People enjoy the sun and breeze while they walk along the Santa Monica Pier on Tuesday afternoon. The Pier Restoration Corp., a nonprofit that manages and promotes the pier for City Hall, is embarking on a study to see if the pier can be better managed and bring in more revenue.

SM PIER — The Pier Restoration Corp. may be in for a makeover pending the results of a study it commissioned last week that will examine the current model used to manage the historic Santa Monica Pier and its finances.

Before the study moves forward, the matter will be taken to the City Council on Tuesday, May 3.

At present, the PRC, a nonprofit formed in 1983 to help manage and promote the pier, and City Hall share responsibilities for the iconic tourist destination, many of which overlap as a result of the pier’s dual nature as a public location dominated by private businesses.

“If we were just a pier, we’d be Venice Pier. If we were just a park, we’d be Disneyland,” said PRC Vice Chair Kent Smith. “It’s the elements of both that make the pier an exciting and interesting place.”

That dichotomy can make the division of responsibilities for the pier “gray and muddled,” Smith said.

At the April 20 meeting, the PRC board voted unanimously to hire interim executive director Steve Gibson’s company, Urban Place Consulting, to study how City Hall and the PRC manage the pier now, and what could be done to improve both management and service.

“There was a question from the city and the PRC, which should be asked by all places and organizations: ‘Are we doing the best we can?’” Gibson said. “The process we’re going through is really looking at that.”

It’s the second step in a series Gibson started last year by looking at nine public spaces across the country that share attributes with the pier to see how they are managed.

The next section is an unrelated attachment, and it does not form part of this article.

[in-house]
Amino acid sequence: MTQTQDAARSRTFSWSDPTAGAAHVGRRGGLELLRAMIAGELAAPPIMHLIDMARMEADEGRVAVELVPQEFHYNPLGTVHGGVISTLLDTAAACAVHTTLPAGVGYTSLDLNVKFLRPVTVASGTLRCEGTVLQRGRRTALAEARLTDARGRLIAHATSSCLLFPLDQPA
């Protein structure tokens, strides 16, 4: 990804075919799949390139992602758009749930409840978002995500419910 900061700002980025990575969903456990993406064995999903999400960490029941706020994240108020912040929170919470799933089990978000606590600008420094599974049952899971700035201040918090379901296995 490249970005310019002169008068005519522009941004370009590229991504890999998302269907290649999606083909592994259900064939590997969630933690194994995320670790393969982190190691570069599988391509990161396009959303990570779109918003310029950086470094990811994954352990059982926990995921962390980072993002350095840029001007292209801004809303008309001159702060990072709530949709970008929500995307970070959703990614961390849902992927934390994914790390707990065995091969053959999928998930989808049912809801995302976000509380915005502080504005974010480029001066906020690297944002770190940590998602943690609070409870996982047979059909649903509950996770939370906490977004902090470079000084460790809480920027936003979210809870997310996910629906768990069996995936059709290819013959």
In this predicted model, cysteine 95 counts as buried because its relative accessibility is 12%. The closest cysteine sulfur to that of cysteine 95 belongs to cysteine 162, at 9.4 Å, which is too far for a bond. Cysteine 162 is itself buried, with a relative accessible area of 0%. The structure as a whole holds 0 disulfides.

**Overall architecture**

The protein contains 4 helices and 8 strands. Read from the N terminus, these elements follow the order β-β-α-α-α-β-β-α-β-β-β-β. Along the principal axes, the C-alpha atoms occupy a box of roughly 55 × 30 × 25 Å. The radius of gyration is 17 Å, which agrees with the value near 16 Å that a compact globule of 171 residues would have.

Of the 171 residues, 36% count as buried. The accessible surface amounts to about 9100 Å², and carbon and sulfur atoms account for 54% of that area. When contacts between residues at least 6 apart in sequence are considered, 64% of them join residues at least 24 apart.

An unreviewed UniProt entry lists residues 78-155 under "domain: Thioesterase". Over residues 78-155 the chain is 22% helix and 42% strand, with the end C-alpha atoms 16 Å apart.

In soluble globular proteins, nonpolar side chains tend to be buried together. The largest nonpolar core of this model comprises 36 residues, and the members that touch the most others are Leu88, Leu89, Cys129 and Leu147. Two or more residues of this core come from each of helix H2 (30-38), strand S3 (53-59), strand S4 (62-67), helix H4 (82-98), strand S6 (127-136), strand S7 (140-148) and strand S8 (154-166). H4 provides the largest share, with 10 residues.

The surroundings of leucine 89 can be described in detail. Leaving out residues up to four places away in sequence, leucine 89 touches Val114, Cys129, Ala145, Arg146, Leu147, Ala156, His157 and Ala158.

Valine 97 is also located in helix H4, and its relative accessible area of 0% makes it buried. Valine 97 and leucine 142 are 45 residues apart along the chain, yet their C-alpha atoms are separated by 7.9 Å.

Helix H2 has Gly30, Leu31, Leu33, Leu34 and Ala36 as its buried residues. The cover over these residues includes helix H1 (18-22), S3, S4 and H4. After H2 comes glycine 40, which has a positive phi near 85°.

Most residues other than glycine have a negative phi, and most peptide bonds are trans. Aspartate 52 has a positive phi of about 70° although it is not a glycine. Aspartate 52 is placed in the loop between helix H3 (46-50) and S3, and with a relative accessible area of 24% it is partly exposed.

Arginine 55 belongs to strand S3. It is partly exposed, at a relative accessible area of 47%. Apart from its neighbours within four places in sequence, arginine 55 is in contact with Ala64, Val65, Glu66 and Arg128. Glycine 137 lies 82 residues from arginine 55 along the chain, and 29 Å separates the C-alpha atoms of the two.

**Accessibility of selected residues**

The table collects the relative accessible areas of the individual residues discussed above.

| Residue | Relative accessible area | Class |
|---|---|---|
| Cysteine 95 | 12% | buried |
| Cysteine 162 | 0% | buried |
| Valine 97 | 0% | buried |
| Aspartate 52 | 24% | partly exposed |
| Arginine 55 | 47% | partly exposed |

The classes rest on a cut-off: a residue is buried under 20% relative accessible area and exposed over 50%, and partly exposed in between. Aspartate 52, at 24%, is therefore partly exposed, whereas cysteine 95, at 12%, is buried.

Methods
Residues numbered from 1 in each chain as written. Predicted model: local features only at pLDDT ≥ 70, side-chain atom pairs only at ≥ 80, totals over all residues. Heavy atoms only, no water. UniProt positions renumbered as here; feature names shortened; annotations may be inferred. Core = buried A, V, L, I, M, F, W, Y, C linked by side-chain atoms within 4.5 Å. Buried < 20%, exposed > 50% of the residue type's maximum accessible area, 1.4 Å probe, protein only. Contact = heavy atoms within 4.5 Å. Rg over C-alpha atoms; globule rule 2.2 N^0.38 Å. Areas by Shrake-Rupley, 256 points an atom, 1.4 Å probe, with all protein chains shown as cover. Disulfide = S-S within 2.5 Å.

The new phase, expected to be completed by the end of the year, will examine how the PRC and City Hall partner with services, what the financial implications are of that effort and if a better model exists or can be created that would make the relationship more efficient.

At present, both City Hall and the PRC have a role in the finances of the pier, and many of the decision-making and management processes overlap each other, Gibson said.

“On a number of items, there are several layers and stops you have to make to get a decision,” Gibson said.

One of the most salient problems with the pier comes from finances.

Although City Hall collects revenues from the pier, parking, tenants and other activities, that money goes into maintaining and preserving the pier, as well as providing police and maintenance services, said Miriam Mack, economic development manager.

“The revenue does not cover the operating costs, and none of the capital costs,” Mack said. “That includes an emergency gangway, repairs to roofs — any number of infrastructure projects.”

A 10-year study already conducted by City Hall revealed that the pier will need approximately $20 million in repairs over the next 10 years, none of which is currently covered by the revenues that the attraction brings in, Mack said.

That’s on top of $10 million put into repairing the aging structure just within the past several years.

“If there are ways to generate more income, this is a good time to take a big picture view and take a look at that,” Mack said.

All sides stress that no one knows what the results of the study will be, and that the study will be approached with an open mind.

Gibson will be paid an additional $2,500 per month by the PRC for a total of $10,000 per month beginning in April through the end of December to bring in staff from his firm to complete the study.

The City Manager’s Office is expected to recommend to the City Council that City Hall shoulder half the cost of the increase, Gibson said.

Gibson’s Urban Consulting was also hired at the meeting to conduct a pedestrian count on the pier. That contract is worth $3,567.50.

The study has implications for the PRC as an organization, which is in a state of flux now as it searches for a new executive director.

The mission of the PRC has evolved over the 28 years since it was formed in response to a violent storm that wiped out nearly a third of the pier’s length.

The pier’s restoration, and success as a destination in Santa Monica, has led the organization, in partnership with City Hall, to look at the future, said Kate Vernez, assistant to the City Manager.

“By all accounts, it’s effectively restored, and now is a time to examine the mission and function of the oversight organizations,” Vernez said. “In addition, it creates an opportunity to look at the needs and direction of the pier and the organization that oversees it.”

What kind of organization the PRC morphs into will inform the search for the new executive director, Vernez said.


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